Among the books I’ve been reading with regard to military history is Armies of heaven: The first Crusade and the quest for apocalypse (2011). Jay Rubenstein does a commendable job of citing sources in such a way that the story is driven forward at a steady pace, covering vast amounts of ground while maintaining the interest of the reader.
An underlying subtext refers to the capacity of any strongly held belief system to serve as a key driving force for destruction of large mumbers of fighting men and non-combatant children, women, and men in the course of warfare.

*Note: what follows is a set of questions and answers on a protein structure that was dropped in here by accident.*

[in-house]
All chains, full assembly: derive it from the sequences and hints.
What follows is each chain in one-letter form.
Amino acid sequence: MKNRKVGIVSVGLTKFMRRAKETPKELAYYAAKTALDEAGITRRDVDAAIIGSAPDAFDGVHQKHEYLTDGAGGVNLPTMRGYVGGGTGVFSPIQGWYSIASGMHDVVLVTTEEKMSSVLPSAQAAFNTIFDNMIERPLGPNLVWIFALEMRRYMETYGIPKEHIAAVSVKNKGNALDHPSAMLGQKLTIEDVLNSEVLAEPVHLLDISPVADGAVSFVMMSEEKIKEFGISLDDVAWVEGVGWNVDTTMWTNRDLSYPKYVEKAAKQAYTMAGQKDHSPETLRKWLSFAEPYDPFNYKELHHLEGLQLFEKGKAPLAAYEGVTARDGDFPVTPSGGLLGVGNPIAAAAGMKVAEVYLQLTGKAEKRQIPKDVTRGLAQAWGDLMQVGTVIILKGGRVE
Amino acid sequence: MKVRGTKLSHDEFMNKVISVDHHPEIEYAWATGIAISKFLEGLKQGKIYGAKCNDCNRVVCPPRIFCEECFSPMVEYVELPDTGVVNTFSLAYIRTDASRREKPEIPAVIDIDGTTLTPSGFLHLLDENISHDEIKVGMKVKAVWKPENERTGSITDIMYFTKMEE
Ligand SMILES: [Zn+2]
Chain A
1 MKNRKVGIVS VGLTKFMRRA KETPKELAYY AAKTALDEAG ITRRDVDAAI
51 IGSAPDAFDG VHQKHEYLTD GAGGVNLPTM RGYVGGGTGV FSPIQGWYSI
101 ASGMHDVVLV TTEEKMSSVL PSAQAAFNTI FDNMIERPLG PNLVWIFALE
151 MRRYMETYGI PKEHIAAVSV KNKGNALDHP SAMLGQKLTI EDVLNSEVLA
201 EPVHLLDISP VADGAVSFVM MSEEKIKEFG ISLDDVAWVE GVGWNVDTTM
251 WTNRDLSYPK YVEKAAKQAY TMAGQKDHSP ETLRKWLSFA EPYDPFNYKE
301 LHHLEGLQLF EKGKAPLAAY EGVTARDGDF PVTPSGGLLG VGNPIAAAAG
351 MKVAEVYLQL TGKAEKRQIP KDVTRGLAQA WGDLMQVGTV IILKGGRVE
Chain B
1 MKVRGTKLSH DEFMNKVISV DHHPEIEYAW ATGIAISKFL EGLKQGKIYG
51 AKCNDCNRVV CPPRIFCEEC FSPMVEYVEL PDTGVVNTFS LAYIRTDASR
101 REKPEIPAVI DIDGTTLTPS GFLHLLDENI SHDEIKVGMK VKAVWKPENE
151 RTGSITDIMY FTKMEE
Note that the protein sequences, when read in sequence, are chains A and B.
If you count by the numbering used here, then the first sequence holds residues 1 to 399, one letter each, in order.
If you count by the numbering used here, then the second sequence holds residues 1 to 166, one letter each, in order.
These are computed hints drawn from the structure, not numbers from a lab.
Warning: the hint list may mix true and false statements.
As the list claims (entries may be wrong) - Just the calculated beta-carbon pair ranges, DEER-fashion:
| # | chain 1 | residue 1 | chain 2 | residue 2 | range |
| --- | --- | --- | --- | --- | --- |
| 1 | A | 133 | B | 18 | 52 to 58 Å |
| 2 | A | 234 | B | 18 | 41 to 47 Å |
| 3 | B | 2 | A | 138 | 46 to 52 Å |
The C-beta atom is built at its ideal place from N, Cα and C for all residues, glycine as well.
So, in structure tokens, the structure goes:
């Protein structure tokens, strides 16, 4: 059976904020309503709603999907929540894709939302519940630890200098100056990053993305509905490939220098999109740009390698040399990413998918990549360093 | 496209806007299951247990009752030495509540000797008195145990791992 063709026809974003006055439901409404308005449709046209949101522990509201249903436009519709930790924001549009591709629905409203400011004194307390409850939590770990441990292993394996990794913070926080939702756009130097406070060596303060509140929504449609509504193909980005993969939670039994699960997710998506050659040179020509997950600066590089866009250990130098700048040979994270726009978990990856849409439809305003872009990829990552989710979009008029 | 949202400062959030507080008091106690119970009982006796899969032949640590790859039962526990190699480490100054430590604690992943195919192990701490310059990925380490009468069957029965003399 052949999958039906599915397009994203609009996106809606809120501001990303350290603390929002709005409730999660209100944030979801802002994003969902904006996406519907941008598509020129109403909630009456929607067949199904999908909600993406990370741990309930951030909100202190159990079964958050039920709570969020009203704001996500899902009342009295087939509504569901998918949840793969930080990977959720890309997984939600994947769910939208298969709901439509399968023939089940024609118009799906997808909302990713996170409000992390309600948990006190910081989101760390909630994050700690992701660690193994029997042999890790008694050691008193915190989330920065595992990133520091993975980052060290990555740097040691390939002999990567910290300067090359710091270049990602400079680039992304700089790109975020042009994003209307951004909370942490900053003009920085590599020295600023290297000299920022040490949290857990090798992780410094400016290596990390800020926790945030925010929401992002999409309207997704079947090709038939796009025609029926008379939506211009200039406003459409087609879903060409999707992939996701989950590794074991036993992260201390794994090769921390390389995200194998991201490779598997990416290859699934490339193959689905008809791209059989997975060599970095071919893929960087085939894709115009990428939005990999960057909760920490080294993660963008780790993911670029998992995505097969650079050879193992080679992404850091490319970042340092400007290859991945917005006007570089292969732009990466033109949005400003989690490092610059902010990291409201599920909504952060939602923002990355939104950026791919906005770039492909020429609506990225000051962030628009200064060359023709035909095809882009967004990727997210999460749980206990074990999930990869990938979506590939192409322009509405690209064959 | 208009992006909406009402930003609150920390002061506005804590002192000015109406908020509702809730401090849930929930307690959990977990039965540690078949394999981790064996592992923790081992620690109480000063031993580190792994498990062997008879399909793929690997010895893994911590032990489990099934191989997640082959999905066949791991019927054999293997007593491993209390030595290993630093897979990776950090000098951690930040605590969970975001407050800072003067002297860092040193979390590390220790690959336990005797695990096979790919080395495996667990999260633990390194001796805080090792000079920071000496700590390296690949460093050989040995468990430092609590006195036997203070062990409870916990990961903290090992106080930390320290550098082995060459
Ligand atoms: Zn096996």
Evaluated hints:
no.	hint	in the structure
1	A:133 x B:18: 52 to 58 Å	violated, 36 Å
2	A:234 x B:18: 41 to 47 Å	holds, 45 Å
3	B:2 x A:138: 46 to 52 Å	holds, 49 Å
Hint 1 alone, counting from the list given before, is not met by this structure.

Military leadership, in this context, involves the skilful management of violence – and the creative employment of subtrefuge, impression management, and strategic alliances – in pursuit of political goals.
Below are links with brief overviews of the book:
I’m looking forward to reading Saladin (2011) by Anne-Marie Eddé. As noted in a Kirkus Review of Rubenstein’s book, in her book about the medieval Crusades Eddé seeks to compare the stories of eleventh and twelfth century chronicles with the diplomatic and political record.
A March 6, 2016 CBC article is entitled: “René Girard’s theories still explain the violence all around us: French-born scholar spent his career trying to understand what what makes violence a chronic problem.”